Trump’s goal is to make the U.S. as safe as possible. His methods might seem cruel but don’t be fooled. He wants to make this country great for the citizens; those born here and those who came here. Liberals might tell you Trump is anti-immigration but we disagree. Where do you stand?
By Michael D Shear
The Trump administration is making it tougher for millions of visitors to enter the United States by demanding new security checks before giving visas to tourists, business travelers and relatives of American residents.
Diplomatic cables sent last week from Secretary of State Rex W. Tillerson to all American embassies instructed consular officials to broadly increase scrutiny. It was the first evidence of the “extreme vetting” Mr. Trump promised during the presidential campaign.
The new rules generally do not apply to 38 countries — including most of Europe and longstanding allies like Australia, New Zealand, Japan and South Korea — whose citizens can be speedily admitted into the United States under the visa waiver program. No countries from the Middle East or Africa are part of the program. In 2016, the United States issued more than 10 million visas to foreign visitors.
Even stricter security checks for people from six predominantly Muslim nations remain on hold because federal courts have temporarily blocked President Trump’s travel ban.
But Mr. Trump and his national security team are not waiting to toughen the rules to decide who can enter the United States. Embassy officials must now scrutinize a broader pool of visa applicants to determine if they pose security risks to the United States, according to four cables sent between March 10 and March 17.
That extra scrutiny will include asking applicants detailed questions about their background and making mandatory checks of social media history if a person has ever been in territory controlled by the Islamic State.
Mr. Trump has spoken regularly of his concern about the threat of “radical Islamic terrorism” from immigrants. But it is unclear who, exactly, will be targeted for the extra scrutiny since Mr. Tillerson’s cables leave that decision up to security officers at each embassy.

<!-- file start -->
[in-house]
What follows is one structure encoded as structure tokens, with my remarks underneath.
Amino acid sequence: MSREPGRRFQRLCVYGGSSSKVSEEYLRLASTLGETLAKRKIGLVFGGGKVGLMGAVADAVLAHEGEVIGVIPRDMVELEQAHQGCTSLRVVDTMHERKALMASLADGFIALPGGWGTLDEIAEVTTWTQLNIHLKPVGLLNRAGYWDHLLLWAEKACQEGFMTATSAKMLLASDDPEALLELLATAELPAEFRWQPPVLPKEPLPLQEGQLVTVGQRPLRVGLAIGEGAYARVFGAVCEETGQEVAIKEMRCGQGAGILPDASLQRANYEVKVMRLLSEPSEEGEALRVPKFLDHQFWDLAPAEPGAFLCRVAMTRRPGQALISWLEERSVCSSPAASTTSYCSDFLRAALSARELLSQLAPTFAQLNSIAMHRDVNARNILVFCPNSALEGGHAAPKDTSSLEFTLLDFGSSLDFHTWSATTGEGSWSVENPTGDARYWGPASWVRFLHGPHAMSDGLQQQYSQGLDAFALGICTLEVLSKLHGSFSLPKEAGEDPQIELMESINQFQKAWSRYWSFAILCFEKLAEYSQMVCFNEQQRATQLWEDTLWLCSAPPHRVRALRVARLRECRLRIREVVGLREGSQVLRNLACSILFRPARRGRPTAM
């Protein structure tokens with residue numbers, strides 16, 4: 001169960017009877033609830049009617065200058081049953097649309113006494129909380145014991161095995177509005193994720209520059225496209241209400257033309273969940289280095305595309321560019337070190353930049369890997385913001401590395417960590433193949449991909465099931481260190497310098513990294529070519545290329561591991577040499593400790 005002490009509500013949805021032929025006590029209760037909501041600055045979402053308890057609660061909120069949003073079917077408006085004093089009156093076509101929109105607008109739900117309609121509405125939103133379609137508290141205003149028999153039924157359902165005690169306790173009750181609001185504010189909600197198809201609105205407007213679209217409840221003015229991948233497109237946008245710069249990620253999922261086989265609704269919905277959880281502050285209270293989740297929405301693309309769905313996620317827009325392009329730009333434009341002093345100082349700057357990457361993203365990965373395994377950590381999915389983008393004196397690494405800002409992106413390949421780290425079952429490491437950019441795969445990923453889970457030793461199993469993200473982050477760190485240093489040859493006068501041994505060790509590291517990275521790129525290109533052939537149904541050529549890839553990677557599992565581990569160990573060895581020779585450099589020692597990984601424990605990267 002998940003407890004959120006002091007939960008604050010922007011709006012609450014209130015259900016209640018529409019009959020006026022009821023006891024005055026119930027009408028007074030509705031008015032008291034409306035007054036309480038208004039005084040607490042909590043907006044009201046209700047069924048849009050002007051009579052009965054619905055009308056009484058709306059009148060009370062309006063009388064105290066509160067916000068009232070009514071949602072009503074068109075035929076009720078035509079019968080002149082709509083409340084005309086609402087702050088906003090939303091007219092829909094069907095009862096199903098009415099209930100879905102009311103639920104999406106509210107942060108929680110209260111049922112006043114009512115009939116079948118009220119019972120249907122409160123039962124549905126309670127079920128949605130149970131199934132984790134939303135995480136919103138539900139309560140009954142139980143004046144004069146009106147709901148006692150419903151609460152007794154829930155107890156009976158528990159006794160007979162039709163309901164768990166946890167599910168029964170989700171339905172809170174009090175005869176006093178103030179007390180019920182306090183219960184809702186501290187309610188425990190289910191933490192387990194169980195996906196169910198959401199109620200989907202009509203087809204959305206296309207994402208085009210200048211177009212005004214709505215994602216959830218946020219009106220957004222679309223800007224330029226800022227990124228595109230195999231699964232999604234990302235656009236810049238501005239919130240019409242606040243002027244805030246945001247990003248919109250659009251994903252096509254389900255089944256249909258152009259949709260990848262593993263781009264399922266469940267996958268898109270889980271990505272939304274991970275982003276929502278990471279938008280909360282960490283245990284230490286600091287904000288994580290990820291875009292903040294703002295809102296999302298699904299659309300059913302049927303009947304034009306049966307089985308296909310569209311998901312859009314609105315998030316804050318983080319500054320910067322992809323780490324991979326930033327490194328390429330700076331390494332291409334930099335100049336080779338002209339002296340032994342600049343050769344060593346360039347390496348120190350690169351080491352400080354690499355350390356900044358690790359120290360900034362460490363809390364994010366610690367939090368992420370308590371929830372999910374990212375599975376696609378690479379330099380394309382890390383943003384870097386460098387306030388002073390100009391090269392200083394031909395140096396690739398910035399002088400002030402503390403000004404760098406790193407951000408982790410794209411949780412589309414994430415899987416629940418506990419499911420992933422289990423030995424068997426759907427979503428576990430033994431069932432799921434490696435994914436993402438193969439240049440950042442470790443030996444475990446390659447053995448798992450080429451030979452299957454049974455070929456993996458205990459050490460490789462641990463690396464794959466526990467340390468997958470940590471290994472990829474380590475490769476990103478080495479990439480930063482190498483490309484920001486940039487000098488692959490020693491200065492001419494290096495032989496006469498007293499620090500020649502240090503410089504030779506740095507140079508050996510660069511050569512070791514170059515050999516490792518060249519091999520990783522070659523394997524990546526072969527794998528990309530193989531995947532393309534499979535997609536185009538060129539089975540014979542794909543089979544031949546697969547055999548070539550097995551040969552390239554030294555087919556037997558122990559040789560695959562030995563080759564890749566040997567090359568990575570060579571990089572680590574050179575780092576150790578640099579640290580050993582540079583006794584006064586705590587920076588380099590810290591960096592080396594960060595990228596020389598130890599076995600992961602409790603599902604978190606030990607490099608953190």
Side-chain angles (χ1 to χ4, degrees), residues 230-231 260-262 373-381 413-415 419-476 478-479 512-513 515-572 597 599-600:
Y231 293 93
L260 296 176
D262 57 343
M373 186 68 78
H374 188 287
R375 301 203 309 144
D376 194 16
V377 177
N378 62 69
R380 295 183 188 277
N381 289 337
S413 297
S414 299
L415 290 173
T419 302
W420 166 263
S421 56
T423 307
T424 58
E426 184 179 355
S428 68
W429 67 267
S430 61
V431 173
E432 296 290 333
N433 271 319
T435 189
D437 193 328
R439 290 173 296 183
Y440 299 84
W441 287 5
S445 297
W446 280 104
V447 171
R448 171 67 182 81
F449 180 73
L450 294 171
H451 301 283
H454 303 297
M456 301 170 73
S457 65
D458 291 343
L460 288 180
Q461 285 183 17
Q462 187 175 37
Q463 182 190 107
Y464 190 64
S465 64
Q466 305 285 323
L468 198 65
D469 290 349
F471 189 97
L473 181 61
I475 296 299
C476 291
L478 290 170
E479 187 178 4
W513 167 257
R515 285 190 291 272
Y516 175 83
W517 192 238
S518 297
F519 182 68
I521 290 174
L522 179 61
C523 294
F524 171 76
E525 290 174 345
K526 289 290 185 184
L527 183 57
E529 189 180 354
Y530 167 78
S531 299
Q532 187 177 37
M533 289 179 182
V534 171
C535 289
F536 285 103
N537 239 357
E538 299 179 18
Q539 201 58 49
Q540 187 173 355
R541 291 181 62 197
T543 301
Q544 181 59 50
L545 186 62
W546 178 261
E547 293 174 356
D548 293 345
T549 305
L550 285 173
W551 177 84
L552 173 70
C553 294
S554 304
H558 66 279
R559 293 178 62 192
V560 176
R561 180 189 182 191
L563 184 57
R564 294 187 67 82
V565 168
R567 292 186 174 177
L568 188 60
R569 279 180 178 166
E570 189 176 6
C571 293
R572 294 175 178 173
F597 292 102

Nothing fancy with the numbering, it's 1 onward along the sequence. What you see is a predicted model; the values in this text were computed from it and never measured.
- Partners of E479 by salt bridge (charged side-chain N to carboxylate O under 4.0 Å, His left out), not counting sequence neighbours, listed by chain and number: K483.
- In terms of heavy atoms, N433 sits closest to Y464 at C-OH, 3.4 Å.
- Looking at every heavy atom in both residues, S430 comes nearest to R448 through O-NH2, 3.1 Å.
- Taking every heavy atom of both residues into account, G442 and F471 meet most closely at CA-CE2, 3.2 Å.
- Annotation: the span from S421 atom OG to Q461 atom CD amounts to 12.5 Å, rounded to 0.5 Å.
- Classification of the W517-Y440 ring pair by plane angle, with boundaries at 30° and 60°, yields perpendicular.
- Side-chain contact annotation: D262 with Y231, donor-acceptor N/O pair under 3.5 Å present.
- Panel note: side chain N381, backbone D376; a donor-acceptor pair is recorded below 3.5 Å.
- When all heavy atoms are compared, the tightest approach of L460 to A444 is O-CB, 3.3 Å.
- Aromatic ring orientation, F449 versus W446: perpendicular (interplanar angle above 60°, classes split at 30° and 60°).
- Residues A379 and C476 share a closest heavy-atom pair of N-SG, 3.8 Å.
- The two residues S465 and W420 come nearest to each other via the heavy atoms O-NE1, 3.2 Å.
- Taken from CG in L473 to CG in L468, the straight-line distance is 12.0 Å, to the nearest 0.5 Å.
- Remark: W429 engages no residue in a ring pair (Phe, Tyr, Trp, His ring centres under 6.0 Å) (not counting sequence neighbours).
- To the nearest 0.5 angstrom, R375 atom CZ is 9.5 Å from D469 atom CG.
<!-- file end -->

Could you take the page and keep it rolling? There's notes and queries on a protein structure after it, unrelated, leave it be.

Still, taken together, consular officials and immigration advocates said the administration’s moves will increase the likelihood of denial for those seeking to come to America, and will further slow down a bureaucratic approval process that can already take months or even years for those flagged for extra investigation.
There are legitimate reasons someone might be targeted, such as evidence of a connection to terrorism or crime. But advocates also said they worry about people being profiled for extra scrutiny because of their name or nationality.
“This will certainly slow down the screening process and impose a substantial burden on these applicants,” said Greg Chen, the director of advocacy for the American Immigration Lawyers Association. “It will make it much harder and create substantial delays.”
The cables from Mr. Tillerson, which were reported by Reuters, make clear that the Trump administration wants a more intense focus on the potential for a serious threat when making decisions about who should receive a visa.
“Consular officers should not hesitate to refuse any case presenting security concerns,” Mr. Tillerson wrote in the cables, titled “Implementing Immediate Heightened Screening and Vetting of Visa Applications.”